8. May 24, 2019 #2268

    bmcj

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    I see it now. I’m sure that must be a misquote or a misstatement (perhaps from a shock-induced error in time perception), not only for the reason you stated (altitude loss), but also because the NTSB brief showed his landing point about a mile from the point of impact.
     
  9. May 24, 2019 #2269

    pictsidhe

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    I'm not thinking of the balls, I'm thinking of marking the poles. There would be objections fron Joe public to the installation of balls on every wire. It would also be a big expense and effort. But a fixed orange disc on the top of each new pole would give a half awake pilot a clue that there are wires around, and still be fairly low cost and unobtrusive from the ground. I can't see it happening unless is was a legal requirement, though.
     
  10. May 24, 2019 #2270

    pictsidhe

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    Judging by the number of survivors, he managed something resembling a landing.
     
  11. May 24, 2019 #2271

    BBerson

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    Yes, I imagine the floats were ripped and dangling causing a high drag descent. Not 5 seconds but perhaps 2000fpm which might take about 90 seconds.
     
  12. May 24, 2019 #2272

    BJC

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    The theory of the legal dept at CP&L was that installing the orange balls would be an admission that the wires and poles / towers are a hazard.


    BJC
     
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  13. May 24, 2019 #2273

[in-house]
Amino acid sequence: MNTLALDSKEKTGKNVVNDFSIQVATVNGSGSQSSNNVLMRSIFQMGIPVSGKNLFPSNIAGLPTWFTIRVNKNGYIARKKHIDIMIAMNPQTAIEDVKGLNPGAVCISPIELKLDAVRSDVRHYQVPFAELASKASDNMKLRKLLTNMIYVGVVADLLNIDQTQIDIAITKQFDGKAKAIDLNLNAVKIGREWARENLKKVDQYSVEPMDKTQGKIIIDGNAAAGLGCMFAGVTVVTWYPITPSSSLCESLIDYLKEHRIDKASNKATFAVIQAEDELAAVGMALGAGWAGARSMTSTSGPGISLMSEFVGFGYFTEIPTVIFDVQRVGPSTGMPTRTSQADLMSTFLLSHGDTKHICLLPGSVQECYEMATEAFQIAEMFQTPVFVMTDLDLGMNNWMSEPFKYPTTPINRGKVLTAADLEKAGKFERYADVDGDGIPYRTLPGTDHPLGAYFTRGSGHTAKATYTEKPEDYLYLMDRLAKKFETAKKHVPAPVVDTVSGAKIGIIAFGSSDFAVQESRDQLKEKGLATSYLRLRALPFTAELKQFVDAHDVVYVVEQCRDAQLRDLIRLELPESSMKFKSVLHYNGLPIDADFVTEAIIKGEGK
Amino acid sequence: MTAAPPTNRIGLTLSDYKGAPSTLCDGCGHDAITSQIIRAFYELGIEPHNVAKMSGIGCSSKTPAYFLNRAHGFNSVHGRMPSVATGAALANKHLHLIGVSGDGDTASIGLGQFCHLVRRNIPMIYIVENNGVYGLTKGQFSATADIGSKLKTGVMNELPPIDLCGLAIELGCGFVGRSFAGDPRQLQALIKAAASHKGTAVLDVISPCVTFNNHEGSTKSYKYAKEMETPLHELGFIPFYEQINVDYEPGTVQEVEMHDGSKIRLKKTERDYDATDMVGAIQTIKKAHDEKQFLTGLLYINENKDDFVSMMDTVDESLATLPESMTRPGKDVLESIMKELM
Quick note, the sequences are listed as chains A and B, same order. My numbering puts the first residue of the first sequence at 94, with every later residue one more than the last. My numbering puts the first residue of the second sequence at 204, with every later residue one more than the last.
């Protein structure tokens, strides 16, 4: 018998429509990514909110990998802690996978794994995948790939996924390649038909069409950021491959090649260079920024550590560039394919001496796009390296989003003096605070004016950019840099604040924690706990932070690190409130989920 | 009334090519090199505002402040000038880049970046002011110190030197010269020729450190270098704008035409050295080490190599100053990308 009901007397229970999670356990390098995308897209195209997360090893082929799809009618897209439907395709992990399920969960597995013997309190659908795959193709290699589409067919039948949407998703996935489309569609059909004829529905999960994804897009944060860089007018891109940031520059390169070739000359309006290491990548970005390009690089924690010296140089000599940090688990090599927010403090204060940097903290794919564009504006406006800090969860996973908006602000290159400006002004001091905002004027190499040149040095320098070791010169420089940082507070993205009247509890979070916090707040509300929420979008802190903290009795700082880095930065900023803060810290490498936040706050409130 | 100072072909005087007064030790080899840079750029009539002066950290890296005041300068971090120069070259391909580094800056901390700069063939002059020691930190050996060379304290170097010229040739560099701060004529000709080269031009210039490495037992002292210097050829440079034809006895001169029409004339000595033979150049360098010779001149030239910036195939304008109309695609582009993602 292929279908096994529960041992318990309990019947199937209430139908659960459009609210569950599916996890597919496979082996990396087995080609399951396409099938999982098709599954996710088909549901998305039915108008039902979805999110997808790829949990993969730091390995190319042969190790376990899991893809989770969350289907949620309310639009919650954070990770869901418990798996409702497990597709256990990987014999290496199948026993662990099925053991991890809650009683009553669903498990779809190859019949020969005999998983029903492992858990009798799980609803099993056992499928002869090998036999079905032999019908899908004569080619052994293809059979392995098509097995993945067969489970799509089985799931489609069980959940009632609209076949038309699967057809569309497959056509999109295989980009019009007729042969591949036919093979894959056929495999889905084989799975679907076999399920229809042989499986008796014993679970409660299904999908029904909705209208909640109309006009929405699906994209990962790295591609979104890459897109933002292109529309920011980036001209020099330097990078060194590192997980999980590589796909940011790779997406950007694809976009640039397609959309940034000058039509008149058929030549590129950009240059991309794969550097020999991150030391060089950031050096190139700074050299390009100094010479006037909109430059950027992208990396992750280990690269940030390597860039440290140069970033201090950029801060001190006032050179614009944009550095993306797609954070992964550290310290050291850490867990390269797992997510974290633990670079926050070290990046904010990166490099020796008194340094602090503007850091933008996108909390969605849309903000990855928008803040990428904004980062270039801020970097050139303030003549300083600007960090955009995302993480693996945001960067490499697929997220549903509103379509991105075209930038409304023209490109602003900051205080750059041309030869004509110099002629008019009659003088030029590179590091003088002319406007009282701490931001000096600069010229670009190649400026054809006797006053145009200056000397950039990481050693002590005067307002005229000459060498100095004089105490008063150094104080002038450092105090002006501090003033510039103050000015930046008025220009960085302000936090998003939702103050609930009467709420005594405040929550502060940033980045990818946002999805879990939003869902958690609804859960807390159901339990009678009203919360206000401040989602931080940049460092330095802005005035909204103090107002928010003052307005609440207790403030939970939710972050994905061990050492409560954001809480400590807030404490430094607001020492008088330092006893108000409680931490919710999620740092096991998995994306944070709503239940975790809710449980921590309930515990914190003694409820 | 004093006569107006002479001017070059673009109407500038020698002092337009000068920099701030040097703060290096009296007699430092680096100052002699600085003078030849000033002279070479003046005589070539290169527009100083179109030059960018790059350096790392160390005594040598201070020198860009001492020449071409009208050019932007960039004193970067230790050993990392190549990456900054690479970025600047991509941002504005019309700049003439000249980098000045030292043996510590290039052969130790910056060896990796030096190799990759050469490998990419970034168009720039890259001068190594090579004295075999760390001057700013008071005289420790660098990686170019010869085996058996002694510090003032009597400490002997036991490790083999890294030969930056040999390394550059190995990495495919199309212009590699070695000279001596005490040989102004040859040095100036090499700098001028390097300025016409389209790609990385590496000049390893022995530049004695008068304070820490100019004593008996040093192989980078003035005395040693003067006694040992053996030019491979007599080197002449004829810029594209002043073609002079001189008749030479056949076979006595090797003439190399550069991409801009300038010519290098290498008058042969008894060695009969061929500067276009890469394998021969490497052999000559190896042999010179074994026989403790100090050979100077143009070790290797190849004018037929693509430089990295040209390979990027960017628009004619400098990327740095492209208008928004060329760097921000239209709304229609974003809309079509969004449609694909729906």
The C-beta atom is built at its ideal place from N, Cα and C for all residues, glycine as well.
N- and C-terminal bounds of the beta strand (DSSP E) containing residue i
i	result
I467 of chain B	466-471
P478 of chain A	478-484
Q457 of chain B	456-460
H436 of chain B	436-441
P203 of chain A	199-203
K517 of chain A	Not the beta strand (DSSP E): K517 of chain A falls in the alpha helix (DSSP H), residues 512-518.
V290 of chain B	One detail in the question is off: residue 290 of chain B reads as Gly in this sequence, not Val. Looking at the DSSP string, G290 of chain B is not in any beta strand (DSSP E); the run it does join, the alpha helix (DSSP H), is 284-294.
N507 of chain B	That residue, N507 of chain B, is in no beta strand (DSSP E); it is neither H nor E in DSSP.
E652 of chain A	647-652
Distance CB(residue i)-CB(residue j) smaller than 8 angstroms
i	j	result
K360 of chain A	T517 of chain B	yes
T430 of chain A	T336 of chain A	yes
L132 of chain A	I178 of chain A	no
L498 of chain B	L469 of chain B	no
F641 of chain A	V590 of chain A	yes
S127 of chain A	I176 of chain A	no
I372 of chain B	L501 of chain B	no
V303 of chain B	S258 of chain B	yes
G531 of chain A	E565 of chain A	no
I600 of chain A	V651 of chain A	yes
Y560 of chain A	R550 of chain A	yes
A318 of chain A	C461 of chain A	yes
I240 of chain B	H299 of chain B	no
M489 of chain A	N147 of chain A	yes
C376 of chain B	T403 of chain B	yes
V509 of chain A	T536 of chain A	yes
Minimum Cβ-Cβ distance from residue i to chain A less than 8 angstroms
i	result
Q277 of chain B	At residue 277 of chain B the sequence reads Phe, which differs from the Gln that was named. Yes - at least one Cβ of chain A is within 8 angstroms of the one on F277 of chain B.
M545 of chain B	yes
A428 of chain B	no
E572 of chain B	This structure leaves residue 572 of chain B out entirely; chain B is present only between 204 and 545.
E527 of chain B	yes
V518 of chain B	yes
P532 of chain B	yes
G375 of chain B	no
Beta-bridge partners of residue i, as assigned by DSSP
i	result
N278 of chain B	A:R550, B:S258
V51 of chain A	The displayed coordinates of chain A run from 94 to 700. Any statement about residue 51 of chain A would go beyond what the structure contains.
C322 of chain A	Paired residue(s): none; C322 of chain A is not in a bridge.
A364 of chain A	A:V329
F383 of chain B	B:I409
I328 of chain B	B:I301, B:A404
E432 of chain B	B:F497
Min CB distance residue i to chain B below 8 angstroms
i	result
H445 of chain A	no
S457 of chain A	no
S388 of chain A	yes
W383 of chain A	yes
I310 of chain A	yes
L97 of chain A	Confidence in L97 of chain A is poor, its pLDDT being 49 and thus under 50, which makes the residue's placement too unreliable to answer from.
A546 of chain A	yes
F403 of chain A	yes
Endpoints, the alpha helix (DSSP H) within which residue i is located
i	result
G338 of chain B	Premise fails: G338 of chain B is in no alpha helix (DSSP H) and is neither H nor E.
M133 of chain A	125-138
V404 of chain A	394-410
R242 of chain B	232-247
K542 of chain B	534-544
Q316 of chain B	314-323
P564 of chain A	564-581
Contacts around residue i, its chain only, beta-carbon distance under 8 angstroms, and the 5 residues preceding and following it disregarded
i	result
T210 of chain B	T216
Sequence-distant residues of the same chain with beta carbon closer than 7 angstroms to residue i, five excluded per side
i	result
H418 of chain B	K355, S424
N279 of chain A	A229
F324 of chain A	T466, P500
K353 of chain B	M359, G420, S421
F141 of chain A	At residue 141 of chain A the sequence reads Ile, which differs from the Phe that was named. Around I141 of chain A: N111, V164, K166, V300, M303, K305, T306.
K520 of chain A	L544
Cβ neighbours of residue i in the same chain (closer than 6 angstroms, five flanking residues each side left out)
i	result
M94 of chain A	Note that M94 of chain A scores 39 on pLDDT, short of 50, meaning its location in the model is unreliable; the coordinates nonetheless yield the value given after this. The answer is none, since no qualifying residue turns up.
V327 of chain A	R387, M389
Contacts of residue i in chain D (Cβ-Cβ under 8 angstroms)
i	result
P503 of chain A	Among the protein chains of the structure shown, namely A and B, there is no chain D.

bmcj

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    Perhaps he said 50 seconds (numerical typo), but that seems an unusually specific measurement for a single pilot in an emergency situation. 50 seconds might be enough time to cover his travel distance.
     
  14. May 24, 2019 #2274

    BBerson

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    If the waterfall is at 3300 feet.... and they both were making a bee line to the waterfall....
    they were likely looking for the waterfall not the screen. Just speculation, of course, but I imagine the NTSB does plenty of speculating as they go.
     
  15. May 24, 2019 #2275

    Wanttaja

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    Looking at the Ketchikan sectional, the hills between the George Inlet and Ketchikan itself top out at ~3400 feet on that side of the penninsula. Suspect the waterfall is much, much lower.

    From the NTSB report, the implication is that the pilot didn't have audio alerts for ADS-B enabled. As I mentioned earlier, these would probably be considered distractions by pilots carrying sight-seers.

    Ron Wanttaja
     
  16. May 24, 2019 #2276

    BBerson

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    The alerts should be in the pilots headphone only. It's useless if pilots are turning it off.
    Actually, all the signals could come through the headphones so the pilot can keep his head up outside instead of looking at the screen.
     
    Last edited: May 24, 2019
  17. May 30, 2019 #2277

    Daleandee

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  18. May 30, 2019 #2278

    bmcj

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  19. May 30, 2019 #2279

    bmcj

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  20. May 30, 2019 #2280

    radfordc

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    I was trying to think what kind of seaplane uses "retractable pontoons". But as usual, the reporter got it wrong. It was a Beaver on floats and it appears he forgot to retract the "wheels".